Same goes for those who argue that “not all men” rape and pillage. For those who barb the idiotic point, if you haven’t assaulted or abused anyone there’s nothing you should personally worry about. Sure, men may feel a sense of discomfort, but perhaps less discomfort than what must be felt by the screeds of women who are abused, assaulted, and denied opportunities and pay. And reverse sexism is not a thing. It’s a distracting argument. It supposes everyone is on an equal playing field, and ignores a history of discrimination.
Women are still categorised as being a ‘nurse or a purse’
It’s not political correctness gone mad to expect you’ll be heard in a workplace, be able to sit on a bus without a man’s legs taking up all the space, go out at night without being assaulted or not have to stomach any comments around your appearance.
Underneath those ‘harmless’ comments are men actually saying that women are either being given the tick of approval or disapproval, reinforcing that the power remains with them.
And this extends to the home. The issue of emotional labour is finally coming to the fore, where women shouldn’t have to bear the burden of all the caregiving or housework responsibilities.
And for those women who work part-time, it’s seldom the case where all those hours are honoured or there’s no resentment from other colleagues. The issue is that we have a workforce that’s designed around the idea that men can and should work a 40-hour work week, whereas women are expected to work around the clock – and for less, or no pay. Same goes for parental leave. It will be extended to 26 weeks this year, but when will it be socially acceptable for men to take it?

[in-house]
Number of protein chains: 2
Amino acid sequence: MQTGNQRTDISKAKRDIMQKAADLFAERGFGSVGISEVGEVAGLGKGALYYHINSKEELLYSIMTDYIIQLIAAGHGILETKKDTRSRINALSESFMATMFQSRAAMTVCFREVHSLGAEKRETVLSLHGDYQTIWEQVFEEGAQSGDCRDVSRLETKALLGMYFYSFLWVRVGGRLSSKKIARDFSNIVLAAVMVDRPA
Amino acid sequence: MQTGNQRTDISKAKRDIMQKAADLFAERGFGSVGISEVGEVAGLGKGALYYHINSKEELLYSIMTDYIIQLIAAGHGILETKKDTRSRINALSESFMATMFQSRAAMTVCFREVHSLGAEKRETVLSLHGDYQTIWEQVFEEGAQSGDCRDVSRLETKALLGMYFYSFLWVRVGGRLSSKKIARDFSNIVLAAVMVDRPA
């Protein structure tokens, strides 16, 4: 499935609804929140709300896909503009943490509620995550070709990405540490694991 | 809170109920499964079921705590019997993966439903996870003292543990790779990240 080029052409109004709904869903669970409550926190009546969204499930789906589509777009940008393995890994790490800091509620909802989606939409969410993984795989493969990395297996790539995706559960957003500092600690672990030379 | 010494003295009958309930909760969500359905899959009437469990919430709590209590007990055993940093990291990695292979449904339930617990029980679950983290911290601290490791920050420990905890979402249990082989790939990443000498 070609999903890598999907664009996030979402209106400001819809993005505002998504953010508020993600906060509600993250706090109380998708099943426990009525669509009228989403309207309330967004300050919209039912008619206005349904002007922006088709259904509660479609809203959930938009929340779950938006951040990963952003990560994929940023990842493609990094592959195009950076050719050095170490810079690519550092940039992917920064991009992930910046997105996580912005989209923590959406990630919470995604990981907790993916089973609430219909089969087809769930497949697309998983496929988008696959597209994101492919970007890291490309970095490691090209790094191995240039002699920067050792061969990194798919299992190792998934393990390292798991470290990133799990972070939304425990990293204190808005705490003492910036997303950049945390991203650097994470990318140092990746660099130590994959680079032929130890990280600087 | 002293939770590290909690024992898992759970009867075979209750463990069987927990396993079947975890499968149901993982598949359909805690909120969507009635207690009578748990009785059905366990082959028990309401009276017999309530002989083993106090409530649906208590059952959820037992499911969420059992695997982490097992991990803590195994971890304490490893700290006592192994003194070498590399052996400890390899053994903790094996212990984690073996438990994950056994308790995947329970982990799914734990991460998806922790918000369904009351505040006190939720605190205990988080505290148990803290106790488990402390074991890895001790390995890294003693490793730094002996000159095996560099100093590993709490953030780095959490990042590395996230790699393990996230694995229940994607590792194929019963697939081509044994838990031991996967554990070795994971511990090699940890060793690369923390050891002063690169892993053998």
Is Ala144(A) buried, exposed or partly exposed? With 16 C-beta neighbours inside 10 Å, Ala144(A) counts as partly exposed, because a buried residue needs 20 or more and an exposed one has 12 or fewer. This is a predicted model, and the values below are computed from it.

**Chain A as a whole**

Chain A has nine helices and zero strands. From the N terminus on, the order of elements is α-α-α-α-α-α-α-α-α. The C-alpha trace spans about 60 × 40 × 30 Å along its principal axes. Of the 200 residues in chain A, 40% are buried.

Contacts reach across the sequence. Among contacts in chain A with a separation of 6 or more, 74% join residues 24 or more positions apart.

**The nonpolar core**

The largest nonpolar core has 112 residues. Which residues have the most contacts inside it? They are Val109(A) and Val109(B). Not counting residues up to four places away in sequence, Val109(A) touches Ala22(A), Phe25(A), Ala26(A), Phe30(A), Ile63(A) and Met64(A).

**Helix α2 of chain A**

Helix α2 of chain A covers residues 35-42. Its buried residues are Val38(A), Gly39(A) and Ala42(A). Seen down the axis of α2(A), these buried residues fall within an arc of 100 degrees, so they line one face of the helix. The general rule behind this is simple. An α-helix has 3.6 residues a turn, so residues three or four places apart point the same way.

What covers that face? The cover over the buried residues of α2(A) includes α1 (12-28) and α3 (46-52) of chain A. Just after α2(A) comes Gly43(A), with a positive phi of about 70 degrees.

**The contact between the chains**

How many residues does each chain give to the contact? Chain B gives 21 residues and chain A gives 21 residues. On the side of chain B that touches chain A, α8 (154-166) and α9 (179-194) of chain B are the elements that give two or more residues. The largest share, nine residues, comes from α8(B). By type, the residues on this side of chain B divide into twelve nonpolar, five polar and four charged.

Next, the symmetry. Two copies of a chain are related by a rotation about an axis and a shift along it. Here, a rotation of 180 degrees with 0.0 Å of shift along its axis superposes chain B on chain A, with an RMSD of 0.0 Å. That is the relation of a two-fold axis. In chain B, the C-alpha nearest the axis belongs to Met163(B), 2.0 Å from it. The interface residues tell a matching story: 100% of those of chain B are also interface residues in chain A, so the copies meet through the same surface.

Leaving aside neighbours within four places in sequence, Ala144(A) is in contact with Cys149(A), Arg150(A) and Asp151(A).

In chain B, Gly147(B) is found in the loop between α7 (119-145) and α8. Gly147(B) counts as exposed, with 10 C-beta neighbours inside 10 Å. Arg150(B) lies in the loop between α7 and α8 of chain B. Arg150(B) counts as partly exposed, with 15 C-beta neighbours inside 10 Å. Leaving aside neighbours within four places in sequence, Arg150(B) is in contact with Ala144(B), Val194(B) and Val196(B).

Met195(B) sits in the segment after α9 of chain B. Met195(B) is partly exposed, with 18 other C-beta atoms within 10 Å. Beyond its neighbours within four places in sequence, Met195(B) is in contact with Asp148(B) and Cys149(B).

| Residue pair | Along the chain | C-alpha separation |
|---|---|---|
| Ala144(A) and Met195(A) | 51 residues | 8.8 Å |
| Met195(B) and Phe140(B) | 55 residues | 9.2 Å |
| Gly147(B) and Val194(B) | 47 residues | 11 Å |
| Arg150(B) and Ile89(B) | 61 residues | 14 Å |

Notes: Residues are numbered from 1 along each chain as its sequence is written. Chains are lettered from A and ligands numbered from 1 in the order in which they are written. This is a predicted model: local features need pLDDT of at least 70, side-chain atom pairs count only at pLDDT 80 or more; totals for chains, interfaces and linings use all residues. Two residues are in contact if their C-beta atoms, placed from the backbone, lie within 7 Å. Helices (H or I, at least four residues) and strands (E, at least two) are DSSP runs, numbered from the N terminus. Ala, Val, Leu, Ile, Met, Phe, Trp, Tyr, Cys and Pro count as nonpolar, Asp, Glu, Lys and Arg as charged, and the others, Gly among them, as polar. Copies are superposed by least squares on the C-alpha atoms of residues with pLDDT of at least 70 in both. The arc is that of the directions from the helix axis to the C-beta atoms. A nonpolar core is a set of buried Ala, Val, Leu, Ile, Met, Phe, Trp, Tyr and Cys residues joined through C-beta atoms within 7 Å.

How do we change the conversation?
It shouldn’t be for the marginalised to advocate for their rights, or educate the dominant force of their struggles. While there are different forms of feminism, and different marginalised groups who have legitimate stake in these issues, the patriarchal structure remains firmly in place.
What we’re lacking is a discussion around the bystander effect – the social psychological phenomenon where individuals are less likely to offer help to a victim when other people are present. Sure, we’re seeing male heroes of feminism, insofar it has become in vogue to label yourself as a ‘male feminist’. But, there’s nothing to be lost by championing women’s rights, especially if it means said male feminist is still enjoying the privileges that are wired against women. And getting social capital from it.
Rather, what we don’t see is men speaking up against the paradigm on a social and employment level, whether that’s telling their mates not to take advantage of ‘that pissed chick’ at the club, or ask why they’re getting a better salary.
It may mean that there are losses, that there’s a re-distribution of power, but who’s to say feminism can’t benefit men? Hell, they could freely buy homewares, wear pink without prejudice, and maybe some of those horrific suicide/mental health rates among men (Māori males under 25 being the most over-represented) may decline.
For the meantime, this writer will have to go back to her lair for another year in the hope that pigs will fly in the form of meaningful social change.